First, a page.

Dyke porn pioneer Susie Bright opens up with Big Sex Little Death
SFBG When the feminist movement refused to support you, you found several surprising allies. Among them were John Preston, at the time the editor of the gay leather magazine Drummer; cult filmmaker Russ Meyer of Faster Pussycat fame; and even the Mitchell brothers of that legendary exploitative straight strip club on O'Farrell Street.
SB Well, those were strange bedfellows, eh? They were all mavericks, iconoclasts, outlaws, film buffs, and we shared that in common. Aside from public librarians and ACLU lead attorneys, these guys were probably the most eloquent defenders of the First Amendment you ever met.
SFBG On Our Backs was started by two strippers who worked at various clubs in the Tenderloin and North Beach. One of the most heartbreaking chapters in Big Sex Little Death is where you show us how so many strippers worked to support their lovers financially, male and female, and then ended up strung out on drugs, homeless, or dead after their lovers used and abused them.
SB "Legalize it," as Peter Tosh said. That is why these tragedies happen — because sex work is criminalized.
SFBG In your preface, you say, "I'm more preoccupied with people dying than with people coming." And so of course you want to prevent these unnecessary deaths. Toward the end of the book, you also mention the deaths of friends, lovers, and confidantes to AIDS — but only briefly. It's as if it's still too painful to talk about.
SB The main deaths I talk about are my parents', where I could fit more of the puzzle together; then John Preston, as a small example of what went on in early '80s plague life; and the dykes I first knew at On Our Backs, some of who died too young. I am angry and too ragged to write about it all yet — I don't have the distance from it. The last memorial I attended this past fall was [for] one of my greatest inspirations, a total ball-of-fire who ate a Fentanyl patch, choked to death on her vomit, and left a suicide note.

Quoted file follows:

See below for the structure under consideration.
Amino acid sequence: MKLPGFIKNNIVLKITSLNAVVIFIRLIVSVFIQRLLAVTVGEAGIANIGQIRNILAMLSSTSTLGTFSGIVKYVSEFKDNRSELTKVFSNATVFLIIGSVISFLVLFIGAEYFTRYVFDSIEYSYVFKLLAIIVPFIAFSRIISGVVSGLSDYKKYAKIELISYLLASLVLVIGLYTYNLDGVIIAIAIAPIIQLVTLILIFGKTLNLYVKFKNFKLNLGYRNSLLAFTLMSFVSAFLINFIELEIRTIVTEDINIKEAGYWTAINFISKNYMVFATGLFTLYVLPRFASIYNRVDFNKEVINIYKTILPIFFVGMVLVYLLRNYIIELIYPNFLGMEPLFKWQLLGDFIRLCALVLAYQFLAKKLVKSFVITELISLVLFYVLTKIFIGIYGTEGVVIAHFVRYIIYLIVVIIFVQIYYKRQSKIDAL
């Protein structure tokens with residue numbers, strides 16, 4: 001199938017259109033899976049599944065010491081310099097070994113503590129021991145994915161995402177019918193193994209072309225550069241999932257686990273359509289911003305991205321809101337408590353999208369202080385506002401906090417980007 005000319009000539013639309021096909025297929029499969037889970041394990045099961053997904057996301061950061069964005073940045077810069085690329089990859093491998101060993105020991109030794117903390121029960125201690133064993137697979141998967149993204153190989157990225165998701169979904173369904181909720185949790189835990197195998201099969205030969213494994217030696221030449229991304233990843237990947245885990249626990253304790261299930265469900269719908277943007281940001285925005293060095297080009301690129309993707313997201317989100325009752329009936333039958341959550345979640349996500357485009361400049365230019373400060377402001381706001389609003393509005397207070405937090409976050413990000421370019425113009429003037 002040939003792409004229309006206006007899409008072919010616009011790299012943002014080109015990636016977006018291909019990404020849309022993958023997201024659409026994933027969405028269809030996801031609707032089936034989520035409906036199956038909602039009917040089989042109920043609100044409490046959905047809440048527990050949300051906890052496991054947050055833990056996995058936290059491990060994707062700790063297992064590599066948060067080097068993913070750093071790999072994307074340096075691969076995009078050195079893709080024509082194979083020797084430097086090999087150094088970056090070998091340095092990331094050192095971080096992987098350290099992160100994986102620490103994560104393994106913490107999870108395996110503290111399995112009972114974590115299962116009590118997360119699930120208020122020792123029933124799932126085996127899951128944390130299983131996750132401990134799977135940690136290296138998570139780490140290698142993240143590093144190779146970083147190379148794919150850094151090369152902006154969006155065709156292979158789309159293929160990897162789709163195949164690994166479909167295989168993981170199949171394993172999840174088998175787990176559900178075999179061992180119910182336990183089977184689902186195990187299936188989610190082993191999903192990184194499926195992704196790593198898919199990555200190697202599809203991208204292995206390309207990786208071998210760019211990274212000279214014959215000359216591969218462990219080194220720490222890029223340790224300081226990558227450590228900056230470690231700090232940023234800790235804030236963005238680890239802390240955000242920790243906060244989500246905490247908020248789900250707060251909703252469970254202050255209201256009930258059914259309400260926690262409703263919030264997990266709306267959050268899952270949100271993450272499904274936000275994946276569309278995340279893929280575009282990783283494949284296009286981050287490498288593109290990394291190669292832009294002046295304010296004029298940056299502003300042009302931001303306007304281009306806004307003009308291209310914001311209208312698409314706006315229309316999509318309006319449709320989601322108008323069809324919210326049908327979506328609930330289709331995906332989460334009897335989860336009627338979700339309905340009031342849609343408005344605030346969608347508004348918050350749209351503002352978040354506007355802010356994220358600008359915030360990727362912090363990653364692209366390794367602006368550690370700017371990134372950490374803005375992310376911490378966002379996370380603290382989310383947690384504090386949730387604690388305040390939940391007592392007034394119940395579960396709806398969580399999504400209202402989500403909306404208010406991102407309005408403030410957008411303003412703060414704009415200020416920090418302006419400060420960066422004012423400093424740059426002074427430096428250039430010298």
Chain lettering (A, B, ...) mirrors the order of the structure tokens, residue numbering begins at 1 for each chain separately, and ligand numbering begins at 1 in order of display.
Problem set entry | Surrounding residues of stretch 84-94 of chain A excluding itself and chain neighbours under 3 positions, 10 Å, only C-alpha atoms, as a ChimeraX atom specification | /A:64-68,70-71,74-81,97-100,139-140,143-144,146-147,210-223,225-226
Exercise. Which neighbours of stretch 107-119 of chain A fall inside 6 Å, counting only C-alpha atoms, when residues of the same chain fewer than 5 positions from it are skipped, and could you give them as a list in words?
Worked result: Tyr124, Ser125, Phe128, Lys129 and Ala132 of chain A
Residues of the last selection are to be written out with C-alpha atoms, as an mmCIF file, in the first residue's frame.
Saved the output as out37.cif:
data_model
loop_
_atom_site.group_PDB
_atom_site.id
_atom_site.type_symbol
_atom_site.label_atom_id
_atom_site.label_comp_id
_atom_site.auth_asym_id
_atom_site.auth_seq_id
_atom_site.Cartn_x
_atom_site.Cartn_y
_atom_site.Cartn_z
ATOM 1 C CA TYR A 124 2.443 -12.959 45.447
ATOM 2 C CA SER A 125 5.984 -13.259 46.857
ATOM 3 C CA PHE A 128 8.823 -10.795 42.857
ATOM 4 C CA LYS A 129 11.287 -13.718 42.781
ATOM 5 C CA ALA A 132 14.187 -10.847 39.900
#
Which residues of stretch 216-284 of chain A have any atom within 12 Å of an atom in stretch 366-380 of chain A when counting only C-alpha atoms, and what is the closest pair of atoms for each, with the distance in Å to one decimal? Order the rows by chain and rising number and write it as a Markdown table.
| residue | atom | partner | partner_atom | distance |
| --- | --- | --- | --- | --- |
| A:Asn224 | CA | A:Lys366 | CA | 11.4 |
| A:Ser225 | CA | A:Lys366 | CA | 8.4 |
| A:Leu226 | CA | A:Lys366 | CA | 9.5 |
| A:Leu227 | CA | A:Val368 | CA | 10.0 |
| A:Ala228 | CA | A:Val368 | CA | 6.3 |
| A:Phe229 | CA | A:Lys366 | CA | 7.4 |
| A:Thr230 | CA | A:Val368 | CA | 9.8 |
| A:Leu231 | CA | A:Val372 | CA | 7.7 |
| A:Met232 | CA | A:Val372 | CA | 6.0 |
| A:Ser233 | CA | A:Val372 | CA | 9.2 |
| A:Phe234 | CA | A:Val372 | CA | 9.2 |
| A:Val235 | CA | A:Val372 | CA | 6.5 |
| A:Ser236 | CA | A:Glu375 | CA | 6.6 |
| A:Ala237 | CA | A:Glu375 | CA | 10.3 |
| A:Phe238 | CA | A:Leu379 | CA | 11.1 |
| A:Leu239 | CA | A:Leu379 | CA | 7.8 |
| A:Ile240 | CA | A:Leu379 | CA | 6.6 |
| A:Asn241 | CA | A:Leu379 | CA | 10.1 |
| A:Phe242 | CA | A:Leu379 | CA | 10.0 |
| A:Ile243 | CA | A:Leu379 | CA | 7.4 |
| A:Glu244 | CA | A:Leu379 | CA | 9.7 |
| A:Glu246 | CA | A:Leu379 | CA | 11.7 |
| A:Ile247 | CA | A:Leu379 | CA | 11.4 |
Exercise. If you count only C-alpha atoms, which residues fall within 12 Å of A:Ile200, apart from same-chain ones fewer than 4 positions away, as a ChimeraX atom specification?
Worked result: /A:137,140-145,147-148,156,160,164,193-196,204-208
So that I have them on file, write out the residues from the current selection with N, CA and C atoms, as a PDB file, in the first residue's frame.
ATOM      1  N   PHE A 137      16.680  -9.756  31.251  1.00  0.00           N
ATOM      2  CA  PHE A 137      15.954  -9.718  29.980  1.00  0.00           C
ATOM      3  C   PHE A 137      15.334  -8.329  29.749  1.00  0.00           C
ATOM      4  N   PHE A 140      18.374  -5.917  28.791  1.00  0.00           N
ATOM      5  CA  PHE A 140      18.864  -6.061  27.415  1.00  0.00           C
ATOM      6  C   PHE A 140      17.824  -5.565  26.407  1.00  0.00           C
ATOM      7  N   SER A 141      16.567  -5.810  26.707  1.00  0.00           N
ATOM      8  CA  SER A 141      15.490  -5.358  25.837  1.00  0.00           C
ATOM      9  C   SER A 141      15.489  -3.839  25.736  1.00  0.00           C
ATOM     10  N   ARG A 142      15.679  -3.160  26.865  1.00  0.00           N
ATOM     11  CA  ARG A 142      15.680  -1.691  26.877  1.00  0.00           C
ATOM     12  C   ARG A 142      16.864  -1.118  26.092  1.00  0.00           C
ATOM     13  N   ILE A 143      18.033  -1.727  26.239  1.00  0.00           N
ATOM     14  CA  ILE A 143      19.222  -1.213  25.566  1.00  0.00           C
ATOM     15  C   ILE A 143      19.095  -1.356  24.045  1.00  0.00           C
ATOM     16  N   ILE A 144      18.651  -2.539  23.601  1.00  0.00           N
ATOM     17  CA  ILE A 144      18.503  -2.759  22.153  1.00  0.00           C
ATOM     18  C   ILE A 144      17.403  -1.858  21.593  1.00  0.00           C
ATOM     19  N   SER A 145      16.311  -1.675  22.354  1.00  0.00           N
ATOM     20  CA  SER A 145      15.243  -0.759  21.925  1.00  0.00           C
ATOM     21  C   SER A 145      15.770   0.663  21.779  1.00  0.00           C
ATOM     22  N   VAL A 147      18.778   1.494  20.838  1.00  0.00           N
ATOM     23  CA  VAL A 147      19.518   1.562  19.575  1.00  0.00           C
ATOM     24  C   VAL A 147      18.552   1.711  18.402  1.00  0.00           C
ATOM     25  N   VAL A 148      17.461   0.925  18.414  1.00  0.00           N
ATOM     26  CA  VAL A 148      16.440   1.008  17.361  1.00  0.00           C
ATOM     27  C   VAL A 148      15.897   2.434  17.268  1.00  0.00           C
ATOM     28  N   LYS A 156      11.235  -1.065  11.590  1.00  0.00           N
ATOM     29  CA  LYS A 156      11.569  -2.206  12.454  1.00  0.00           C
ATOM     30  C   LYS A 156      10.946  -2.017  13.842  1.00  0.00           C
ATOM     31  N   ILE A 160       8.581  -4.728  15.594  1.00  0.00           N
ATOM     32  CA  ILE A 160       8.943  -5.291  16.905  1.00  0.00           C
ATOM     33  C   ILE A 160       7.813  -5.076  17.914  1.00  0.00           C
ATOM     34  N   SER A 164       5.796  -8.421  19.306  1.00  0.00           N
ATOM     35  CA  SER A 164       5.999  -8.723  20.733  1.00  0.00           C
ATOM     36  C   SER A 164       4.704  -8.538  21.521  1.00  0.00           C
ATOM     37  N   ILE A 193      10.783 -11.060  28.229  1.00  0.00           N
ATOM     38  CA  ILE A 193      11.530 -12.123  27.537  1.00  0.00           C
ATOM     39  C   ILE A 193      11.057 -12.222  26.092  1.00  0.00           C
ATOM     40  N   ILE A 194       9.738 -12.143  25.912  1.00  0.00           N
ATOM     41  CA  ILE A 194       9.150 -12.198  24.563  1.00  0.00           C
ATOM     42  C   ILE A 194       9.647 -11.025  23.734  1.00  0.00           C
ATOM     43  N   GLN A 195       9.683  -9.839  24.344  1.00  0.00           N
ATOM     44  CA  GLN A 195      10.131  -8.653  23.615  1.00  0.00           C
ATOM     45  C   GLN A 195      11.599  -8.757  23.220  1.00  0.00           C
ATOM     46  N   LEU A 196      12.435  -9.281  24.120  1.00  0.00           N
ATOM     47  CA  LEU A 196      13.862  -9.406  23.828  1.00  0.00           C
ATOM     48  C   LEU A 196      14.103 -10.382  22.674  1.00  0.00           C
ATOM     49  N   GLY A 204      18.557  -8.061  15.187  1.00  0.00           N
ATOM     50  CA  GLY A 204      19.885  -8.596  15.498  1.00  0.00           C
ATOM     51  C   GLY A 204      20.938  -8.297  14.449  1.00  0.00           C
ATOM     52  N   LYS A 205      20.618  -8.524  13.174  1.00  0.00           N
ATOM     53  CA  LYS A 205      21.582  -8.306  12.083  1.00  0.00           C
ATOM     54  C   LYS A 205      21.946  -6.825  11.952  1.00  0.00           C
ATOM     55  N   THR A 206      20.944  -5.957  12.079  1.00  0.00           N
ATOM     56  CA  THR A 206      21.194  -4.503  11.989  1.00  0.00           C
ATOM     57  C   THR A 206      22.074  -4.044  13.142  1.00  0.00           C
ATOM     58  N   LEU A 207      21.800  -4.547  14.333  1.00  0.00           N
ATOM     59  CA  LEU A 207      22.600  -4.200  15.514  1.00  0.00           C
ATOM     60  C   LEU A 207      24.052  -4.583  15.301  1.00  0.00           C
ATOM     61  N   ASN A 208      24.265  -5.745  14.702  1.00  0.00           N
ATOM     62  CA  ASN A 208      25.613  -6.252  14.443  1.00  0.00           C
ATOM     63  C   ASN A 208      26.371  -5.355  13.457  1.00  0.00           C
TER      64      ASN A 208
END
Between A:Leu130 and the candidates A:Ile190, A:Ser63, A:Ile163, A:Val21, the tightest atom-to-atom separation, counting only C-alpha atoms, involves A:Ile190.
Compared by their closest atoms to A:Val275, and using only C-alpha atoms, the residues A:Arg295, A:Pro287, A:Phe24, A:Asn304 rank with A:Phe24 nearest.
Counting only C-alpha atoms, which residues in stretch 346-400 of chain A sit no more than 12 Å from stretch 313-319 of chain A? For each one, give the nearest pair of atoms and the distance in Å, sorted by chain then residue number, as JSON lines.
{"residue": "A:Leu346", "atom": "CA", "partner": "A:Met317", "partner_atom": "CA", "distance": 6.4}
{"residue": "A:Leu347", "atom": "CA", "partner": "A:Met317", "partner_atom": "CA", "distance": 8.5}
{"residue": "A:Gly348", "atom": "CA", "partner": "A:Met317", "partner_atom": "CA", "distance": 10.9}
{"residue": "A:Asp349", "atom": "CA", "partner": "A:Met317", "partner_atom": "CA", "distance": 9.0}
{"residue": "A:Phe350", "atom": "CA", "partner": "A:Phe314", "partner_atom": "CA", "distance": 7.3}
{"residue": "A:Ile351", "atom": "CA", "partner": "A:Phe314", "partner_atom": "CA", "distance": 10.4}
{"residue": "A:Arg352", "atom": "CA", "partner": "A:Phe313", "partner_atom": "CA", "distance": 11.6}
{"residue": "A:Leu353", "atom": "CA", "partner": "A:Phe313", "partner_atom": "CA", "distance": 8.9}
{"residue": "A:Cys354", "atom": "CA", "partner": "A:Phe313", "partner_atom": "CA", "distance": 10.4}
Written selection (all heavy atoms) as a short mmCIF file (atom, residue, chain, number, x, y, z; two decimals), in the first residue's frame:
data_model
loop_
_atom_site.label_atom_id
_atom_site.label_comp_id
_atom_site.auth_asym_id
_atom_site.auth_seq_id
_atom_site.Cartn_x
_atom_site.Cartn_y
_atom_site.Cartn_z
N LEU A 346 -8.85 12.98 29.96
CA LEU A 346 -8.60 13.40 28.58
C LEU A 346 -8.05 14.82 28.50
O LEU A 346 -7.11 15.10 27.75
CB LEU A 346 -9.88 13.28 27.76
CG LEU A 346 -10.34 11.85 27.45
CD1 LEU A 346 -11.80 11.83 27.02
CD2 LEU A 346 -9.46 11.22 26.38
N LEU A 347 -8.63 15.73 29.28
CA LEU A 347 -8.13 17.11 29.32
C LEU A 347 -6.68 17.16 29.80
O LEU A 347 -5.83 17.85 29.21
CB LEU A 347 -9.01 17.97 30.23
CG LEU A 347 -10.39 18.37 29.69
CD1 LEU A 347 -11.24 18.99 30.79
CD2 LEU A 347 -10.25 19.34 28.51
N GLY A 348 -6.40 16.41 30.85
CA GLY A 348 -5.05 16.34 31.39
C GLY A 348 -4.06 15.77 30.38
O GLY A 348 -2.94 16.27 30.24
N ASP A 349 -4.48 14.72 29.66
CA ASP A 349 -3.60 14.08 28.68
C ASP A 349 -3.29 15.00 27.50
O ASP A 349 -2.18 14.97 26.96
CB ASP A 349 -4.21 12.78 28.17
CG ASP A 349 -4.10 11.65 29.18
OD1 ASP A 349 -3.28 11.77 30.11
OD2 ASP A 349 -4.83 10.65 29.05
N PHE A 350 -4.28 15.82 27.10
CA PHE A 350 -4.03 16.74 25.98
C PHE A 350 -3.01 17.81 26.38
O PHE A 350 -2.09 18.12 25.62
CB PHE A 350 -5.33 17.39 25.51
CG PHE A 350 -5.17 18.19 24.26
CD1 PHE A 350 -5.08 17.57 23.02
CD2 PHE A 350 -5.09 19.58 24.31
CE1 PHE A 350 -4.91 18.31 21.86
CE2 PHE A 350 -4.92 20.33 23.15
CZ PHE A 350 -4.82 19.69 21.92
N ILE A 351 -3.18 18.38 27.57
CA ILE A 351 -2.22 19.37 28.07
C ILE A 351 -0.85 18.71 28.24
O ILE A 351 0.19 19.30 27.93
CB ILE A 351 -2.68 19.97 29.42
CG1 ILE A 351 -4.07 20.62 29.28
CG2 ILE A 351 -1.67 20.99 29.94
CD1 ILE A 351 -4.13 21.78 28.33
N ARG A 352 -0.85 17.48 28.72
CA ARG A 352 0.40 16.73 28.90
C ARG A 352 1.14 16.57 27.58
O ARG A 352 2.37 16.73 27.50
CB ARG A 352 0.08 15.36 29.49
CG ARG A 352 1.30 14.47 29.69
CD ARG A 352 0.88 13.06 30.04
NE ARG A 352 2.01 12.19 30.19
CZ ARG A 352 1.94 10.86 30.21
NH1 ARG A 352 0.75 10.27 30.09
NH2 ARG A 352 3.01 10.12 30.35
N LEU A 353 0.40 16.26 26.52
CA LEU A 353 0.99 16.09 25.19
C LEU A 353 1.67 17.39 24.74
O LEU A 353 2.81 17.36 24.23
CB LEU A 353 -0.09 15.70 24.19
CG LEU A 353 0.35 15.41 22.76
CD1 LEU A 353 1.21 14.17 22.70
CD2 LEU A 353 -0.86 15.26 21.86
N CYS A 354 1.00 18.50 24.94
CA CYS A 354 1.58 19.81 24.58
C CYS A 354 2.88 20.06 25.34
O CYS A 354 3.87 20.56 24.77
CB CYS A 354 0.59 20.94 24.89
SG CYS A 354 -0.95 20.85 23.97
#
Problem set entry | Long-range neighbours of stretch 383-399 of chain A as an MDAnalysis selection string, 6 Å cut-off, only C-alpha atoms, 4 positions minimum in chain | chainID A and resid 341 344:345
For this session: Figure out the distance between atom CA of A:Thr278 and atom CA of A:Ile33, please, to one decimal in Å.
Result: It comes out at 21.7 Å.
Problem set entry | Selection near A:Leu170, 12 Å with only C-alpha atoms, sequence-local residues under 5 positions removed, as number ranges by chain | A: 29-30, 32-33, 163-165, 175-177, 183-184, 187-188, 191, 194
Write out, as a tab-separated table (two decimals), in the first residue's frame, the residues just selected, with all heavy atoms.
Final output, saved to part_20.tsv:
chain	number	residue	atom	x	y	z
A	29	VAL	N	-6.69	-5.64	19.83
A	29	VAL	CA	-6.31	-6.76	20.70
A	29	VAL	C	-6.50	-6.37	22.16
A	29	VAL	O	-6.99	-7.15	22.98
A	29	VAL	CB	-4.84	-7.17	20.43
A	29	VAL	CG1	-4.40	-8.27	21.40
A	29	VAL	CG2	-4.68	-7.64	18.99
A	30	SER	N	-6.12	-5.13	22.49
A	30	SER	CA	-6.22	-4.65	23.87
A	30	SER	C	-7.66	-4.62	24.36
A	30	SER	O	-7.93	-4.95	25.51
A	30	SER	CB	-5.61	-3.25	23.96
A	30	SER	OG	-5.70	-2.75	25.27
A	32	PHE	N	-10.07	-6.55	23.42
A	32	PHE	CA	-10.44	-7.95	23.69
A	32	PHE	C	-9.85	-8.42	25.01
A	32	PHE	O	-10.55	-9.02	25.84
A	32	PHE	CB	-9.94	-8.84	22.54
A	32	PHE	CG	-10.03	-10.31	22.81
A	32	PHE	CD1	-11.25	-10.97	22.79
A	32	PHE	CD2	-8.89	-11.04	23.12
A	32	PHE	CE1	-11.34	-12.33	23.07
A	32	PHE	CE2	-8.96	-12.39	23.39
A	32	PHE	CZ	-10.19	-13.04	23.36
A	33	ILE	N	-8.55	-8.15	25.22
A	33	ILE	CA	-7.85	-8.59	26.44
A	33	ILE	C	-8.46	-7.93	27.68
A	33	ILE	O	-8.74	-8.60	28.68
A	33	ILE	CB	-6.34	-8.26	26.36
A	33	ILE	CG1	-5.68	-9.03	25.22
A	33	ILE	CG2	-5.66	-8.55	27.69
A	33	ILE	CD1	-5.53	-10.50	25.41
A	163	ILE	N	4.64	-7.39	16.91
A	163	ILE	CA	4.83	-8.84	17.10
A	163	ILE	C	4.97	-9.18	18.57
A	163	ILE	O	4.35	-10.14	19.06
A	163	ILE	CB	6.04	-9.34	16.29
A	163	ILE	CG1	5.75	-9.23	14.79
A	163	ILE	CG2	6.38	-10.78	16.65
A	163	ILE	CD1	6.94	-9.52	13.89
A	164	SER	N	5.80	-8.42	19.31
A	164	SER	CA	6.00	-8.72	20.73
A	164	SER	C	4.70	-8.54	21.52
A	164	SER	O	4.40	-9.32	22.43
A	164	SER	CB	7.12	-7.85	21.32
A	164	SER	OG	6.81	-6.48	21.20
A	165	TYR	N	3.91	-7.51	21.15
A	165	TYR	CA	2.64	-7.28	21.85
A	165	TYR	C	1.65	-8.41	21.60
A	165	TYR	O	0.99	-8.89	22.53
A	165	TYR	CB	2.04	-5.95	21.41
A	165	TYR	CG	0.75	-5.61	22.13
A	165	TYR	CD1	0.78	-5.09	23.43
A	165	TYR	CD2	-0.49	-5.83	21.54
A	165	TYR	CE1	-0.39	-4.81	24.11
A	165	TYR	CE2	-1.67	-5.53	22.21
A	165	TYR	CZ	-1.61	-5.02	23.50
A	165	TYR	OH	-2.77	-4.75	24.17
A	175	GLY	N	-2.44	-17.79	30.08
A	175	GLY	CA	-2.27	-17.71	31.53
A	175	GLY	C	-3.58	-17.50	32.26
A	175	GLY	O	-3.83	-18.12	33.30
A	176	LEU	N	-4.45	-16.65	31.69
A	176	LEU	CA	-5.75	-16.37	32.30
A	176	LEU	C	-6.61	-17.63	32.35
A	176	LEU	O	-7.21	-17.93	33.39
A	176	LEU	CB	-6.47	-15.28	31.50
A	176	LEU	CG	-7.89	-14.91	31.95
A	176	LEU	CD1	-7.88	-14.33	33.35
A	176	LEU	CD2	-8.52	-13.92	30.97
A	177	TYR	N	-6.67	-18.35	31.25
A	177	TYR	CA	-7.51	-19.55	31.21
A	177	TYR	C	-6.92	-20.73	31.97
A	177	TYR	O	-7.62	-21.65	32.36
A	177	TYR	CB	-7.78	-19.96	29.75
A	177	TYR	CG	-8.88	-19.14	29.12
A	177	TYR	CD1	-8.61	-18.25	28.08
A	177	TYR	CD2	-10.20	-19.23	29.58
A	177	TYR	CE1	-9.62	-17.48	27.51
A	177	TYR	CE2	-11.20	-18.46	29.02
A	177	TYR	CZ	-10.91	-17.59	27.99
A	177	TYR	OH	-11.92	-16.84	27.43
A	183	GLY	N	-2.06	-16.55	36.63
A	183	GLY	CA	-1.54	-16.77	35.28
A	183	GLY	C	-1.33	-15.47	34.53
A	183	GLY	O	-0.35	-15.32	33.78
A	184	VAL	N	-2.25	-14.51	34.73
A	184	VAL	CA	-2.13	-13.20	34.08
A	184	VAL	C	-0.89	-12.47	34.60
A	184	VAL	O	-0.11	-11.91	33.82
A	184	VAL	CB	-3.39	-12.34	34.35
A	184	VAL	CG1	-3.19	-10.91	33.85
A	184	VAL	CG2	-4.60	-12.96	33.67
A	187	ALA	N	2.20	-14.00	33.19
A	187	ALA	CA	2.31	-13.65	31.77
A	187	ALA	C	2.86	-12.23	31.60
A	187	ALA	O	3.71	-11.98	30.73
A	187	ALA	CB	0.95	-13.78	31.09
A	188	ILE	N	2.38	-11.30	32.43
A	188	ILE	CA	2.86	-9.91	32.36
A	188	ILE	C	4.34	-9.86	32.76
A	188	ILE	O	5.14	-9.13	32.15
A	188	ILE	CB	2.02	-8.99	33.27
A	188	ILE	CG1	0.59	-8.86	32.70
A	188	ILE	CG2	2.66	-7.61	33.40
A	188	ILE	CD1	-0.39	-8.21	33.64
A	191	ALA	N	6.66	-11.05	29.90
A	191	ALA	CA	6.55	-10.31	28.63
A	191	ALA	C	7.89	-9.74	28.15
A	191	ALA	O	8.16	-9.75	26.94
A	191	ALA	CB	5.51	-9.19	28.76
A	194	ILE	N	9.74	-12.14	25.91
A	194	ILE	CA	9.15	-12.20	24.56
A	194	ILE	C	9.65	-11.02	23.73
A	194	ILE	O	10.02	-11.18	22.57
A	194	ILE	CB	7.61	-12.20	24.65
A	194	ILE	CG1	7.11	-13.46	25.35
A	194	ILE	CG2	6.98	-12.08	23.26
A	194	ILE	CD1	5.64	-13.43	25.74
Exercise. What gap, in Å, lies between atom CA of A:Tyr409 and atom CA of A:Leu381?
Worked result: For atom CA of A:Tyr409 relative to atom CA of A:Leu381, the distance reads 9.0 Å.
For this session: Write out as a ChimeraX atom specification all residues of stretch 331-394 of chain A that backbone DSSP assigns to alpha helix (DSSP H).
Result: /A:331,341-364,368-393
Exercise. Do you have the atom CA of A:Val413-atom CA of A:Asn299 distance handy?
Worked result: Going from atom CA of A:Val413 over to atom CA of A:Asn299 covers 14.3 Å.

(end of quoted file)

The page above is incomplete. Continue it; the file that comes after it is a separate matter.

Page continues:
It was the exact one-year anniversary of the death of her father, a Southern fundamentalist preacher who beat and raped her as a child. She left him at 15 to come to California and made her way as one of the first generation of out dyke strippers and punk rockers. My redheaded friend was a leader of a local NA chapter by the time she was 20. What happened to her, all these years later, breaks the heart of everyone who knew her. She was a wonderful, wonderful, caring, radical feminist creative dyke who wanted to be a superhero who would vanquish all the abusers. It's not fair.
SFBG Fairness is one of the central issues of the book — who lives and who dies, which cultures disappear and which remain. At the end of the book, you talk about deciding to give birth to a child, Aretha, and raising her. I'll admit I got a bit worried that you would suddenly talk about this trajectory in a way that erased your sexual and political history, the histories of people like the friend you just mentioned.
SB My daughter has a trajectory of her own, now!
SFBG But somehow you're able to talk about your love for Aretha while making it clear that child rearing certainly isn't for everyone, and still articulating an anti-assimilationist queer world view focused on sexual liberation and radical politics.
SB I'm just drawn that way.
SFBG Why do you think gay assimilationists emphasize marriage, military inclusion, and child-rearing as the only choices for respectable queers, narrowing the options for everyone and rejecting sexual liberation as something dangerous from the past?